Wine: 2014 Ridge Vineyards Zinfandel “East Bench”
Green Apple Crostata with Thyme Caramel and Buttermilk Gelato
Petit Fours Display:
Sweet Corn Cream and Blackberry Cup
Concord Grape Bittersweet Chocolate Leaf
Orange Fig Slice
Pumpkin Cranberry Tart
Food sounds very delicious, and I’m sure Mario Batali’s work will be flawless. Let’s talk wines now.
2015 Patina Vermentino “Santa Ynez” – well, to begin with, there is no wine under such name, or at least I was unable to find it. As with my grape explorations, I had to play a “wine sleuth” many times, so in this case, I can only make an assumption that we are talking about the Vermentino wine from Palmina Winery in Santa Barbara county:
2015 Palmina Vermentino “Santa Ynez” ($28?) – the winery doesn’t list 2015 as available vintage yet, and 2014 vintage of Vermentino is sold out. The 2014 vintage is listed on the web site at $28. Overall, Palmina seems to be specializing in Italian varietals, so this should be an interesting wine. Note that the only bottle image available on the web site was from 2013, so this is what I’m using here.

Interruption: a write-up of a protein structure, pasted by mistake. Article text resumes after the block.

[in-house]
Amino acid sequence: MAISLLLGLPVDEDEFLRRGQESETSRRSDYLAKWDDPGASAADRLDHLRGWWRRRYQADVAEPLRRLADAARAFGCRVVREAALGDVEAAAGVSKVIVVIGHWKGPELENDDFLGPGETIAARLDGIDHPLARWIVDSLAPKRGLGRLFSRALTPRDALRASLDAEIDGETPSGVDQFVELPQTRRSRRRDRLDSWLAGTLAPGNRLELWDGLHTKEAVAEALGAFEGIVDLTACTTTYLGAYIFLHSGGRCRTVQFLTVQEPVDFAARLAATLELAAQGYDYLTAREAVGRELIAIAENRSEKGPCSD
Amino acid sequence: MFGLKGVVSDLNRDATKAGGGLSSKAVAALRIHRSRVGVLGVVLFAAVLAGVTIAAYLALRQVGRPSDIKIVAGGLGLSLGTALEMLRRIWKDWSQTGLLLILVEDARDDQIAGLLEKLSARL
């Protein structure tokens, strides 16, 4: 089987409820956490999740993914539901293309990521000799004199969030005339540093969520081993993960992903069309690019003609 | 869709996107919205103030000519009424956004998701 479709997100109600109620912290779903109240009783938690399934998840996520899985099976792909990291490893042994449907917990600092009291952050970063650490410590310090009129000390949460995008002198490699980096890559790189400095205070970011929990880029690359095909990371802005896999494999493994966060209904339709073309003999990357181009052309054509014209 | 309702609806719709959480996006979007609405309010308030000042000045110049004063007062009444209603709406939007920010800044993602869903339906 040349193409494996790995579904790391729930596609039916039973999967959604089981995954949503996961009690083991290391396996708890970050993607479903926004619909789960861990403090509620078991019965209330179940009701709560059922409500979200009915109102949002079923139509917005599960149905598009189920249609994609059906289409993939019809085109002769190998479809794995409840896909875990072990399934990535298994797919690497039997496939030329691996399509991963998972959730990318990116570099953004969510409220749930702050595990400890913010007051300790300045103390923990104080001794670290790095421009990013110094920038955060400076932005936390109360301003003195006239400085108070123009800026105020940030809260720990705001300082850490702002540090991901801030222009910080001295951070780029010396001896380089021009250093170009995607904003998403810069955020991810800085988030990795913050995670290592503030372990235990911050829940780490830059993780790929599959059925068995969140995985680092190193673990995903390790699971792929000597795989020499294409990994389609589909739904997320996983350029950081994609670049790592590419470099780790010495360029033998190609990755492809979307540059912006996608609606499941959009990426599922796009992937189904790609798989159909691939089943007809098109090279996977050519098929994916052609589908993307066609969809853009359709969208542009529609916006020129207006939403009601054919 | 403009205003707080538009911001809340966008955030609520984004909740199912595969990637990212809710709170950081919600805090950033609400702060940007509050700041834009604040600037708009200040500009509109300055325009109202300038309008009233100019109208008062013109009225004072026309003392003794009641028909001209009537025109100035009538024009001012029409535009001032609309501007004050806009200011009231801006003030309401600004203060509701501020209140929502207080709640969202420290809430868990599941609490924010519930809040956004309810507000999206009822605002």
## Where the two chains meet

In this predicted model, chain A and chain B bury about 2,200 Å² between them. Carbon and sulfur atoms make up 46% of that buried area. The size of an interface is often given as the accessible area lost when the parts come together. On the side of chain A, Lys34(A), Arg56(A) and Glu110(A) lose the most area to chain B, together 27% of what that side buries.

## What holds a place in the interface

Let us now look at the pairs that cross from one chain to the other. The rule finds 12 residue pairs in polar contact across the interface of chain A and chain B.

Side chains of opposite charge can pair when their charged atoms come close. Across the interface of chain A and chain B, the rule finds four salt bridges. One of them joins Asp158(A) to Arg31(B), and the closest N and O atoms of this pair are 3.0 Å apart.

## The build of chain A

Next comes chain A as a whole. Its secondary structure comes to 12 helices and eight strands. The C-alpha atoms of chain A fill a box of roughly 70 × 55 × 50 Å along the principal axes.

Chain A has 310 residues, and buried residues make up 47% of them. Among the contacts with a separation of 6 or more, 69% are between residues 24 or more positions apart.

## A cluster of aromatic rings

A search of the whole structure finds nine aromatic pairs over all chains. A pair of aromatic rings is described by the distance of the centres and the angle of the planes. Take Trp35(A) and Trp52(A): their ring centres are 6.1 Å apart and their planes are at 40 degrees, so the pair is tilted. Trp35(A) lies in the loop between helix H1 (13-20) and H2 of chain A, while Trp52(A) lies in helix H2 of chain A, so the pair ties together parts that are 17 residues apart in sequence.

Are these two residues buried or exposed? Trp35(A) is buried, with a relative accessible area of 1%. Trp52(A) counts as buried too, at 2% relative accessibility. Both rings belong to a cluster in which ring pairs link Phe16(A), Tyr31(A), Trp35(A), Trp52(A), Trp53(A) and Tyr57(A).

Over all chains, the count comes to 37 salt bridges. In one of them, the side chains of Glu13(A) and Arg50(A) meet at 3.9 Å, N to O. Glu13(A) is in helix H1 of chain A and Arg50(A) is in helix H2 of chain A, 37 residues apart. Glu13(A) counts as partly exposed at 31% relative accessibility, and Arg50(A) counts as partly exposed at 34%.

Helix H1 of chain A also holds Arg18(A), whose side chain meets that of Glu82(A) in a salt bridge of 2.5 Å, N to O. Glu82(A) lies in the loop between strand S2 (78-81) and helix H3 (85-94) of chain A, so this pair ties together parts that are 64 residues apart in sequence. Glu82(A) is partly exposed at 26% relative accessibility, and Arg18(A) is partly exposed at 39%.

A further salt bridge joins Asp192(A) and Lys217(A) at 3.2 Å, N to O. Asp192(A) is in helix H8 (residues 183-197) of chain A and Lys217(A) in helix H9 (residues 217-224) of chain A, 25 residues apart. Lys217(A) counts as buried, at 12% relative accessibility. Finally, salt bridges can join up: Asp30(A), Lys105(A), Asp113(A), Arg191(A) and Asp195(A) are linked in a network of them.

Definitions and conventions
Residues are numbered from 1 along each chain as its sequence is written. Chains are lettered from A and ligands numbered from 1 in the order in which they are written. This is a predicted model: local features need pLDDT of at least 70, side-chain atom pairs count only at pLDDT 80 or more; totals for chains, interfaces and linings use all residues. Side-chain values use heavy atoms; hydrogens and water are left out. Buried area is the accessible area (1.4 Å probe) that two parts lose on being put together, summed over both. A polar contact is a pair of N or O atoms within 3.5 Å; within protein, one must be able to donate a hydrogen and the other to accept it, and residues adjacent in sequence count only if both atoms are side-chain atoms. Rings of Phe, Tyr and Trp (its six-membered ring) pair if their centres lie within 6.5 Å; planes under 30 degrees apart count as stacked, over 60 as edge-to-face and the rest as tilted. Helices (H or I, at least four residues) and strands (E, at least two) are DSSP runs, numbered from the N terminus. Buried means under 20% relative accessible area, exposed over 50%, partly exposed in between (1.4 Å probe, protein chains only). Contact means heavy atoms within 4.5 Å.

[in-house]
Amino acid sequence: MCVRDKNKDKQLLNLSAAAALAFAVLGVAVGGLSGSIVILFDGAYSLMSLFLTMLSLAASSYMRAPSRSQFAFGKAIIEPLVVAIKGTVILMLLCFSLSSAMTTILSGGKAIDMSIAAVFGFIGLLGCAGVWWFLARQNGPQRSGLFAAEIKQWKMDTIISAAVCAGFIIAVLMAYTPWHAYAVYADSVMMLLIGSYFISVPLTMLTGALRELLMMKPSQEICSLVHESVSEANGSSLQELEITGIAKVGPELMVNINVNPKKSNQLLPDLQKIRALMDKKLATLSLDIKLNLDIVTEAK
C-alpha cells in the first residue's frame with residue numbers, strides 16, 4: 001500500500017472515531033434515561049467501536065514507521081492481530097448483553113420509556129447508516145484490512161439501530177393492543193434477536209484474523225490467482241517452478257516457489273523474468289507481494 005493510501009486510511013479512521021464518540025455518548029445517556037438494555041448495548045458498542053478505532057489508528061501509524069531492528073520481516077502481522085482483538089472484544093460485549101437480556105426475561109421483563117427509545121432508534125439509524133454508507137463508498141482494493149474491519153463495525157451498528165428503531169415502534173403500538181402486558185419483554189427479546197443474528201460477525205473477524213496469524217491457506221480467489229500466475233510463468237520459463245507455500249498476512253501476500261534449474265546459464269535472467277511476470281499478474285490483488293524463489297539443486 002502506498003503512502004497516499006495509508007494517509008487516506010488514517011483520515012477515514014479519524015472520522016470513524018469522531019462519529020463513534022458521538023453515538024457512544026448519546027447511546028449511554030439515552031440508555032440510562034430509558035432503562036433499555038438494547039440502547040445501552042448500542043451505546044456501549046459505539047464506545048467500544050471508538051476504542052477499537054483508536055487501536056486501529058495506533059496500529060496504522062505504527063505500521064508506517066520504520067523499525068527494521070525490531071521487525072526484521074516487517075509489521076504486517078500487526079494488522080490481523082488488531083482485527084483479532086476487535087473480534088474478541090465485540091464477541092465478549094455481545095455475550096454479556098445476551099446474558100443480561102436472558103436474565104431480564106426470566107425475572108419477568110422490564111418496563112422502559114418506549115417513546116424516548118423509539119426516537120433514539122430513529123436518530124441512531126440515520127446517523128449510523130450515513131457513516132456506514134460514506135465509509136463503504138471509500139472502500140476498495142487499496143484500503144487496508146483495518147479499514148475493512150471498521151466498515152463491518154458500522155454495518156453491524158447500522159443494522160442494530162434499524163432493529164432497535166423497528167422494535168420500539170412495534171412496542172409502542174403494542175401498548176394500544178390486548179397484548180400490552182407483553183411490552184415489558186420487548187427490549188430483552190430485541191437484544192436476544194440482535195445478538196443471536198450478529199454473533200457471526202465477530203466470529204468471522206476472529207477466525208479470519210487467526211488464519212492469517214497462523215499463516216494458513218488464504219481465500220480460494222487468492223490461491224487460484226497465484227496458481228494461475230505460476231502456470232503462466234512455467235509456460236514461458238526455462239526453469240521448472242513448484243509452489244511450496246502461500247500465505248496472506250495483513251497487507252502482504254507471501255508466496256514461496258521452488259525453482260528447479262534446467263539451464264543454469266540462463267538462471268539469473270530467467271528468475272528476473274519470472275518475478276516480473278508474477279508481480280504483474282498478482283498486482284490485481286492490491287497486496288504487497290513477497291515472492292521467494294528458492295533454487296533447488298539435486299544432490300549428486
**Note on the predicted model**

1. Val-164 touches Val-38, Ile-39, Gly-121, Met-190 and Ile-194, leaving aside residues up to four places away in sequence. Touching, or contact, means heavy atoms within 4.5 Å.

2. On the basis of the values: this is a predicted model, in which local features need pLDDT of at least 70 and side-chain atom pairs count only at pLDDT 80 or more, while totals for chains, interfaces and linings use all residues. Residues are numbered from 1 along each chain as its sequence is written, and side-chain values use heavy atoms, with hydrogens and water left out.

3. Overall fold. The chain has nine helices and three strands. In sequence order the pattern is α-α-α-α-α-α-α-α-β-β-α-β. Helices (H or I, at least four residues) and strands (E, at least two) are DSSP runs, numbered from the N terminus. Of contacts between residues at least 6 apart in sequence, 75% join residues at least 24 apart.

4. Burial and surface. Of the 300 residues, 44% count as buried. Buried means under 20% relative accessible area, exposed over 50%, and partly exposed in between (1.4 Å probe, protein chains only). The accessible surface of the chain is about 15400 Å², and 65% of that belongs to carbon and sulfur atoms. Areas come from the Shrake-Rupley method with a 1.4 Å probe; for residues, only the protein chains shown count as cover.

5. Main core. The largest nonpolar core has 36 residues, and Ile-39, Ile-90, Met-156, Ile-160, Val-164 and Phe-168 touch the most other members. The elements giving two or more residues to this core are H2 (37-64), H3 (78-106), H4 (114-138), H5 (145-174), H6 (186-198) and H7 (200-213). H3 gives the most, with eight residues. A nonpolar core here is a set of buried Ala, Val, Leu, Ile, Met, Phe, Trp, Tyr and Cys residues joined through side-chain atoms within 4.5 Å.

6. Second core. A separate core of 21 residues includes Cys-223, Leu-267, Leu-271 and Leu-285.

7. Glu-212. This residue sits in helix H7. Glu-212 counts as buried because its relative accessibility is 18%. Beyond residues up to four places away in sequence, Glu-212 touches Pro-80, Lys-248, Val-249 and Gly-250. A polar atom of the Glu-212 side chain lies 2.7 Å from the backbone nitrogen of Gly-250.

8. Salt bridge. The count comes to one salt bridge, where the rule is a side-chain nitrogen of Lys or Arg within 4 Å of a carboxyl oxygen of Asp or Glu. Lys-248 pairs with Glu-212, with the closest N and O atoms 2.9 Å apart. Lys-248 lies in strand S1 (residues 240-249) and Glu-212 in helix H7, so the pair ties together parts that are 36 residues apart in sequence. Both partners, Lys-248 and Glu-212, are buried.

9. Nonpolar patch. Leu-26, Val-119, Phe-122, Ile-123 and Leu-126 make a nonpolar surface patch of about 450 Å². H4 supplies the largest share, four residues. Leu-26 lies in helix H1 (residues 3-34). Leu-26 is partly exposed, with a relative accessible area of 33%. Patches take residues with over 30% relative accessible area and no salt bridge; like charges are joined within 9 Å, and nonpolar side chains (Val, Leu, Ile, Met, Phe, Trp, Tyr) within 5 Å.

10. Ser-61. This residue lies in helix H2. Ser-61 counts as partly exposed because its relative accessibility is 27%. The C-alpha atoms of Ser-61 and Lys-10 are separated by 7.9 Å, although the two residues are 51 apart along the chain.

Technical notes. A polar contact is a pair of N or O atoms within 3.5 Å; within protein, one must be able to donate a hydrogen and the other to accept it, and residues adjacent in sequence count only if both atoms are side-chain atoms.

Next wine comes from another California winery I never heard of – Villa Ragazzi. The web site modestly advertises Villa Ragazzi Sangiovese as the best Sangiovese produced in Napa Valley – may be it is, I will let those who tried it be the judge.
2012 Villa Ragazzi Sangiovese “Napa” ($36) – 2012 vintage is not available at the winery anymore, and according to wine-searcher, there is only one shop in US which offers it at $39. The winery offers 2013 vintage at $36 per bottle – with the total production of 112 cases, I can imagine that this wine is pretty hard to find anywhere.